When the global economy is doing well, the amount of stuff that is imported and exported around the world goes up, and when the global economy is in recession, the amount of stuff that is imported and exported around the world goes down. It is just basic economics. Governments around the world have become very adept at manipulating other measures of economic activity such as GDP, but the trade numbers are more difficult to fudge. Today, China accounts for more global trade than anyone else on the entire planet, and we have just learned that Chinese exports and Chinese imports are both collapsing right now. But this is just part of a larger trend. As I discussed the other day, British banking giant HSBC has reported that total global trade is down 8.4 percent so far in 2015, and global GDP expressed in U.S. dollars is down 3.4 percent. The only other times global trade has plummeted this much has been during other global recessions, and it appears that this new downturn is only just beginning.
Submitted by Tyler Durden on 10/20/2015 - 08:23 Investors are too complacent (the Minsky-Moment). Too many are still trying to profit from the Fed subsidy of past stimulus. Investors remain loaded in risk assets, incentivized by the need to beat peers and benchmarks and comforted into complacency by the Fed ‘put’. The true level of risk is being ignored. The pervasive mentality of seeking maximum risk has become a terrible risk/reward trade for two main reasons...
The collapse of the Western Financial System already occurred years ago. Even though the top banks continue to behave as if they are solvent institutions with functioning balance sheets, they are totally bankrupt without Fed & Central Bank intervention.
This was explained in detail in the video: FED AUDIT SHOCKER: They Came From Planet Klepto. I posted this video on my site last month and I continue to urge readers to watch it as it provides actually data showing how the Federal Reserve propped up the top U.S. banks with trillions of Dollars in sweetheart deals.
While the majority of Western Investors fell for this scam, HOOK, LINE & SINKER, a small percentage of the population realized this signaled the peak and end of the U.S. Fiat Dollar Monetary System. We can see this huge world-changing event take place in chart below.
Brien Lundin from Gold Newsletter joins me to discuss the Fed’s only remaining bullet, further debasement of the fiat currency. Of course for those who understand what “debasement” is code for, it means that ultimately we will see hyperinflation of the US dollar.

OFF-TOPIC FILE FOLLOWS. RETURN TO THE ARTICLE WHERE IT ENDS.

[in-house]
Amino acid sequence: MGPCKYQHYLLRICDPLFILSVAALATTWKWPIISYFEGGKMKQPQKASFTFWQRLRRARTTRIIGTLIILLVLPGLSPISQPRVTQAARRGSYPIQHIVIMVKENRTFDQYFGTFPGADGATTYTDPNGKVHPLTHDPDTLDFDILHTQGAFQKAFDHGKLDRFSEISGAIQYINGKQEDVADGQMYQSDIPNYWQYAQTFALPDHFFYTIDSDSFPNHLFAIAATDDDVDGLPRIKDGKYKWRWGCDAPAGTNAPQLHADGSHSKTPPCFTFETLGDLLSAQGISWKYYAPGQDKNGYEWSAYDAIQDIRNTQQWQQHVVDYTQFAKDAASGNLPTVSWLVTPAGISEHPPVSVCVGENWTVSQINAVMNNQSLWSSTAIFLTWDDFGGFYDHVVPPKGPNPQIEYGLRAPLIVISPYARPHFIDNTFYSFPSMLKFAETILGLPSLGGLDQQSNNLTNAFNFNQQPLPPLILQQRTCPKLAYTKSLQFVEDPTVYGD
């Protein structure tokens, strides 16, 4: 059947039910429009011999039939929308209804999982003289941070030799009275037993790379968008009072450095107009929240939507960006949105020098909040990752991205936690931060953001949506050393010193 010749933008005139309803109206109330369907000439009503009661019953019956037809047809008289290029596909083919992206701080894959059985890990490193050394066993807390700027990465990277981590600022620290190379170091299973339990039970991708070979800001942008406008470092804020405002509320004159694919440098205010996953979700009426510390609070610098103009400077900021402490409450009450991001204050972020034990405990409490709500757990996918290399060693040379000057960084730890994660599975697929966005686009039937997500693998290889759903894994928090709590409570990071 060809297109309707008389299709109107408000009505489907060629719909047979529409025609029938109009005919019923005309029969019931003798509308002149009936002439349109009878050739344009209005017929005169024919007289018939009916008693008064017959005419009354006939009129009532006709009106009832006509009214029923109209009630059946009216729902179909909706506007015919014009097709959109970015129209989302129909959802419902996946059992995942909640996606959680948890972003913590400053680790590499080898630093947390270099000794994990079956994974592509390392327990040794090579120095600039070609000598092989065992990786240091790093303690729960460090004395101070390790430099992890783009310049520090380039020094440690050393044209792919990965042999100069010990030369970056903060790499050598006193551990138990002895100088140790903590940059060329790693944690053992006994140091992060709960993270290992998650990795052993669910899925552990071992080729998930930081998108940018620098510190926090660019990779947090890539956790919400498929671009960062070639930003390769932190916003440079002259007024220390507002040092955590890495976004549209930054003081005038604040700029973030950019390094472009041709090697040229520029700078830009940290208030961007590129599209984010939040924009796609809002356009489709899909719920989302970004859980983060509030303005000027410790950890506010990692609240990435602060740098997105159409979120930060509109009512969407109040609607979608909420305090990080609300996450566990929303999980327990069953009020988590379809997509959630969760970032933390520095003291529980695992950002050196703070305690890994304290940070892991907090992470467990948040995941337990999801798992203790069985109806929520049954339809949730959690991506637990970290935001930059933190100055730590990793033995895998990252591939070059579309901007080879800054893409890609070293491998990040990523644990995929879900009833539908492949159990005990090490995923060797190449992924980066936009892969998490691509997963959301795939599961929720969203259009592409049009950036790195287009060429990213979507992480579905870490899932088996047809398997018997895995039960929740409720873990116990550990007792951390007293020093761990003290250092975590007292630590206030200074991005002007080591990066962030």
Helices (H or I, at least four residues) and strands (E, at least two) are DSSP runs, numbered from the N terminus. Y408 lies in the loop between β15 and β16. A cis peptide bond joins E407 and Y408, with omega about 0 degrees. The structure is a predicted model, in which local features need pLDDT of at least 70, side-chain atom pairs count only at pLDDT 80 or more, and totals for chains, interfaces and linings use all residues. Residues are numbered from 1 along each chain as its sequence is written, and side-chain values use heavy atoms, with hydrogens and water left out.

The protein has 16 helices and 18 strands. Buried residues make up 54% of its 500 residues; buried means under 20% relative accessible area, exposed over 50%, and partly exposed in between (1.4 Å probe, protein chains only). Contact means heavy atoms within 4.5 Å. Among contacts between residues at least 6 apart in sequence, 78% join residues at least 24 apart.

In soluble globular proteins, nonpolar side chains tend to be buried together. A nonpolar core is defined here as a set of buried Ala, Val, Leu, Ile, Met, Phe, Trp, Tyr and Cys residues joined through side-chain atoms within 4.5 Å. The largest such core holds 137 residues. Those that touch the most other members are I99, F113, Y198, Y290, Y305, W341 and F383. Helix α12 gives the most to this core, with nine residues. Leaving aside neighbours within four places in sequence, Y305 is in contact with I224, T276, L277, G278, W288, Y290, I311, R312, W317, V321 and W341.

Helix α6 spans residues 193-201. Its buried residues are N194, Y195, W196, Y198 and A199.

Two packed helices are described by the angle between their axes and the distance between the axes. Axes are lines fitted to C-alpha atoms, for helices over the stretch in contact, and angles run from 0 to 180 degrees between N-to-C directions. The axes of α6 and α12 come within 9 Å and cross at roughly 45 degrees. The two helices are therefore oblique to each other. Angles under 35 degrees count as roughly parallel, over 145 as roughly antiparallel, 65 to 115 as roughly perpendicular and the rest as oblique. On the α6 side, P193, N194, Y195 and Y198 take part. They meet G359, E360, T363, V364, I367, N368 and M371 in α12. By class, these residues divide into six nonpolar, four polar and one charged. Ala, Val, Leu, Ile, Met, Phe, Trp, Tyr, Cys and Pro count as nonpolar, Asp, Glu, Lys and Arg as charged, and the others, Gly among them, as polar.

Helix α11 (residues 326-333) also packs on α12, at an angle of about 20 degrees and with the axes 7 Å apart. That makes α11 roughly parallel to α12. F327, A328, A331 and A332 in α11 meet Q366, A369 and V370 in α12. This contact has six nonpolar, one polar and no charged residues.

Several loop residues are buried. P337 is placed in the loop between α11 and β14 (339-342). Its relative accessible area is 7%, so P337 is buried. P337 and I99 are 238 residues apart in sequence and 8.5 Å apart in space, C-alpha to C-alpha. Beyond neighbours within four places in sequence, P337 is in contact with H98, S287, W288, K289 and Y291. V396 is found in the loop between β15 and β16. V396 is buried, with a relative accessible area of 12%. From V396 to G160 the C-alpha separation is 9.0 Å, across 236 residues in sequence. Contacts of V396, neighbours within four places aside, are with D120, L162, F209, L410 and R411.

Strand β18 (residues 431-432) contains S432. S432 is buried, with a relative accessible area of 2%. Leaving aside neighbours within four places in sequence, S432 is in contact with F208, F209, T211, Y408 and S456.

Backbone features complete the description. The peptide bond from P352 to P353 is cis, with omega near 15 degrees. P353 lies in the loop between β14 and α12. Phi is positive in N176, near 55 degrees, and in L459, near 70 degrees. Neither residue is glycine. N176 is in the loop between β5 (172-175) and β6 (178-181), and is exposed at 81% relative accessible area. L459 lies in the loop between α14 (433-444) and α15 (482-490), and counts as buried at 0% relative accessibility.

The only question is, when will it start? As Brien points out “Of course It depend on how you define hyperinflation… Since they removed silver from US coinage, the US dollar has lost about 90 percent of its purchasing power. So by some people’s definitions of hyperinflation we have already seen that.” Brien reminds us that the only way to protect yourself from the Federal Reserve’s currency debasement is with physical gold and sil
Submitted by Tyler Durden on 10/20/2015 - 08:05 "In the West, they talk about ‘moderate opposition,’ but we so far haven’t seen any in Syria. Any person who takes up arms and fights the legal authorities, how moderate can he be?"
Submitted by Tyler Durden on 10/20/2015 - 09:25 Current oil prices are simply not low enough to stop over-production. Unless external investment capital is curtailed and producers learn to live within cash flow, a production surplus and low oil prices will persist for years.
Growth of exports from China has been dropping relentlessly, for years. Now this “growth” has actually turned negative. In September, exports were down 3.7% from a year earlier, the “inevitable fallout from China’s unsustainable and poorly executed credit splurge,” as Thomson Reuters’ Alpha Now puts it. Most of these exports are manufactured goods that are shipped by container to the rest of the world.
And imports into China – a mix of bulk and containerized freight – have been plunging: down 20.4% in September from a year earlier, after at a 13.8% drop in August.
That kind of decline in shipping volume comes as a nasty surprise for the shipping industry that has been betting on boundless increases, and has been adding capacity in quantum leaps.